A spirit which derives its predominant flavour from juniper berries. Gin is one of the broadest categories of spirits, all of various origins, styles, and flavour profiles that revolve around juniper as a common ingredient.
With its earliest origins in the Middle Ages, Gin emerged in England in varying forms as of the early 17th century, the drink has evolved from a Dutch spirit and herbal medicine “Jenever”.
Gin production falls into two main forms – compound and distilled.
Made by adding flavourings, either actual botanicals or natural extracts, to neutral spirit. Many cheaper gins are made using this method, but there are also a range of excellent gins within the category, produced by macerating whole botanicals to produce high-quality spirit.
Made by re-distilling spirit that has had all the botanical materials added.
London Dry Gin
A stricter version of distilled gin, it must contain no artificial ingredients, contain only a minute amount of sweetener and cannot have any flavour, colour or anything other than water added after distillation.
Old Tom Gin – A blast from the past.
Popular in the 18th-century during the ‘Gin Craze’ and as London’s gin scene was driven underground. It has experienced a resurgence in the “Craft Cocktail” movement. It is slightly sweeter and lighter than London Dry, but slightly drier than the Dutch Jenever.
While a spirit must have a predominant flavour of juniper in order to be called gin, the rest of the ingredients are left up to the producer.
Part of gin’s popularity is its versatility; while one of the most common ways to drink gin is in a G&T, it’s also the base of a huge number of cocktails, including the iconic Martini. While many of the new wave of gins are great to drink neat, or over ice, it’s the classic serves and cocktails that most focus on.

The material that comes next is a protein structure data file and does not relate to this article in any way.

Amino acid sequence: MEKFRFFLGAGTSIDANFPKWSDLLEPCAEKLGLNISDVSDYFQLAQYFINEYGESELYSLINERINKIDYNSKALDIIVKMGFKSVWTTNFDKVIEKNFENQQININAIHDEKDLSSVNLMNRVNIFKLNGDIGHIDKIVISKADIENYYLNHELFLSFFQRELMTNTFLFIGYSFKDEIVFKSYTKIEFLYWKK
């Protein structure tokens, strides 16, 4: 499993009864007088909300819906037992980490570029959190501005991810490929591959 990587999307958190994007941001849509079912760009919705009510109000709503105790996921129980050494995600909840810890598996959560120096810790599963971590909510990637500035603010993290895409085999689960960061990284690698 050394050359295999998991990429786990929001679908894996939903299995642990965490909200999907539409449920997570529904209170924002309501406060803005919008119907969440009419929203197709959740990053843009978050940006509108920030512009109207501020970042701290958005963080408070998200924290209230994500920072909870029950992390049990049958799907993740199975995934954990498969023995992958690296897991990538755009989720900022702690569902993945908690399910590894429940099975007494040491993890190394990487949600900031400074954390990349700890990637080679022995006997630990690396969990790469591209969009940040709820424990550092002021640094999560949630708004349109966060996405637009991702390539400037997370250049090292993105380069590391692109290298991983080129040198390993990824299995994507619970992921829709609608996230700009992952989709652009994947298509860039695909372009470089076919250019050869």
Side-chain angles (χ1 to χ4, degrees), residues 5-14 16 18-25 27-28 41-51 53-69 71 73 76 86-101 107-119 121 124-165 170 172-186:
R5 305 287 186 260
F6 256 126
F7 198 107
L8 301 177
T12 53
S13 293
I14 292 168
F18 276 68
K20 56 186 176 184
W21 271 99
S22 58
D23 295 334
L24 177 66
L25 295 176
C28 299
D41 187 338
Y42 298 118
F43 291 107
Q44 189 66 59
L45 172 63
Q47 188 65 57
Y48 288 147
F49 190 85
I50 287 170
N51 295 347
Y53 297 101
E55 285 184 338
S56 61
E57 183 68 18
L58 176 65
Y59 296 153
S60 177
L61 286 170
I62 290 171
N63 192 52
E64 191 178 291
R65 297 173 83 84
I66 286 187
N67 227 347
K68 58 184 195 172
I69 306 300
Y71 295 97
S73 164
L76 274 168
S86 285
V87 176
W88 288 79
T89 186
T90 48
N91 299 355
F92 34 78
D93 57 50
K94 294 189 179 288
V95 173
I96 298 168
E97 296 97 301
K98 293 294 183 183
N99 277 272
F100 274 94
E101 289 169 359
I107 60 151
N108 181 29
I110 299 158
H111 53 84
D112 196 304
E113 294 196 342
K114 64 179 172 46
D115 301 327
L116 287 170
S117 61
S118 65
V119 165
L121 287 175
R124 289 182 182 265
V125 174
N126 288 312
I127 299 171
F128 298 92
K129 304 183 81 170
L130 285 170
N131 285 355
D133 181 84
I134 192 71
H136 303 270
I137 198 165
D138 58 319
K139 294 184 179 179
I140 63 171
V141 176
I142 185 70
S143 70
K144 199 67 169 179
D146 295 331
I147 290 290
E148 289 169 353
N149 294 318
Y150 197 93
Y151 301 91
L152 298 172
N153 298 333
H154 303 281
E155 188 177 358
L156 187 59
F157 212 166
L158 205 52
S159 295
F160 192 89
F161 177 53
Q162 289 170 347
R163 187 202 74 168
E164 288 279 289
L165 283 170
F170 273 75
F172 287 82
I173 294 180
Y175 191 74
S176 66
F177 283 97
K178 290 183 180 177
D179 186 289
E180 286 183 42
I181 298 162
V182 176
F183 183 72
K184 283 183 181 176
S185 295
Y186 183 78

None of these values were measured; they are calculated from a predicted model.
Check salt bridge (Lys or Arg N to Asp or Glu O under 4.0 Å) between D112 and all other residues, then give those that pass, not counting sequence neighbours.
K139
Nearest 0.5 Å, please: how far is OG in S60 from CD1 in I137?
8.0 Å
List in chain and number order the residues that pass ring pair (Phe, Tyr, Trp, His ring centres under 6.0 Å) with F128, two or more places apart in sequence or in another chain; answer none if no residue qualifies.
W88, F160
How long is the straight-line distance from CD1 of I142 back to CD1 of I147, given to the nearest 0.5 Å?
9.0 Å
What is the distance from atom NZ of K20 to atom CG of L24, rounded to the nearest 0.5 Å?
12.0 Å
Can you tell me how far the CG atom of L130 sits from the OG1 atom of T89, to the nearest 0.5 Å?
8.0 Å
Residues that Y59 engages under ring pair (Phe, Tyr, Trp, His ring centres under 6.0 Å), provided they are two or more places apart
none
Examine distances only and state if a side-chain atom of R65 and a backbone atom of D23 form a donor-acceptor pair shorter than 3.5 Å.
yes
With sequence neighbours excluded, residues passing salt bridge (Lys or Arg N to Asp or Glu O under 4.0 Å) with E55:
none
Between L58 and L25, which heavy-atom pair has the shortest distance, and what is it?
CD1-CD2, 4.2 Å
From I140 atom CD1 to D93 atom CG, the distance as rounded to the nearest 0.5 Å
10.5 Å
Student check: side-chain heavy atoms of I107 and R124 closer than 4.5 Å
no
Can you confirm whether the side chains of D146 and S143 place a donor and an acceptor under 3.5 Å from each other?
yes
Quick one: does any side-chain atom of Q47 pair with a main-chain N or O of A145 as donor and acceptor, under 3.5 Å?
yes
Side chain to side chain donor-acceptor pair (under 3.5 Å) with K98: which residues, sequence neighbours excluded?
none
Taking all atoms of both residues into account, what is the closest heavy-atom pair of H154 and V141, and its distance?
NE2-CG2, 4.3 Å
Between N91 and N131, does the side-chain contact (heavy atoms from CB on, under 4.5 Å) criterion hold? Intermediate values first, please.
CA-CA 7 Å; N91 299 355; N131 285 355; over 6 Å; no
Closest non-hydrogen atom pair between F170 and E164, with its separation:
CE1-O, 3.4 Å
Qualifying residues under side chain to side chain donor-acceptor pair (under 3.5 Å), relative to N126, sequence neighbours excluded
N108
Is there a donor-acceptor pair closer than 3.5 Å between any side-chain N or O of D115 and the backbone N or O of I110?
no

G&T – A very versatile serve.
At it’s most basic simply add gin and ice to a glass, top with tonic to your taste and garnish with lime. The real fun, however, is in experimentation and discovery, there are many thousands of combinations of gin, tonic and garnish available to try.
I recommend tasting a small amount of your gin neat on the rocks to get a feel for it’s character, then try it with your tonic and garnish of choice (not too much tonic, we’re tasting gin here!) to see how they affect the flavours. Over time you’ll start to get a feel for what tonic and garnish will work best for your taste with any given gin.
Slices or peels of citrus fruits, juniper berries and cucumber are just the beginning when it comes to garnishes. Try a sprig of fresh herbs (coriander, lemon-grass, rosemary, basil, etc.), apple, pear (slice or peel), raspberries, pink peppercorns…
The world is your gin soaked mollusc of choice!
Martini – The classic cocktail.
6 parts gin
1 part dry vermouth
oil squeezed from lemon peel or an olive to finish.
Mix spirits with ice and stir
strain into chilled cocktail glass
add garnish and serve.
Make it dirty! By adding a dash (½ to 1 part olive brine)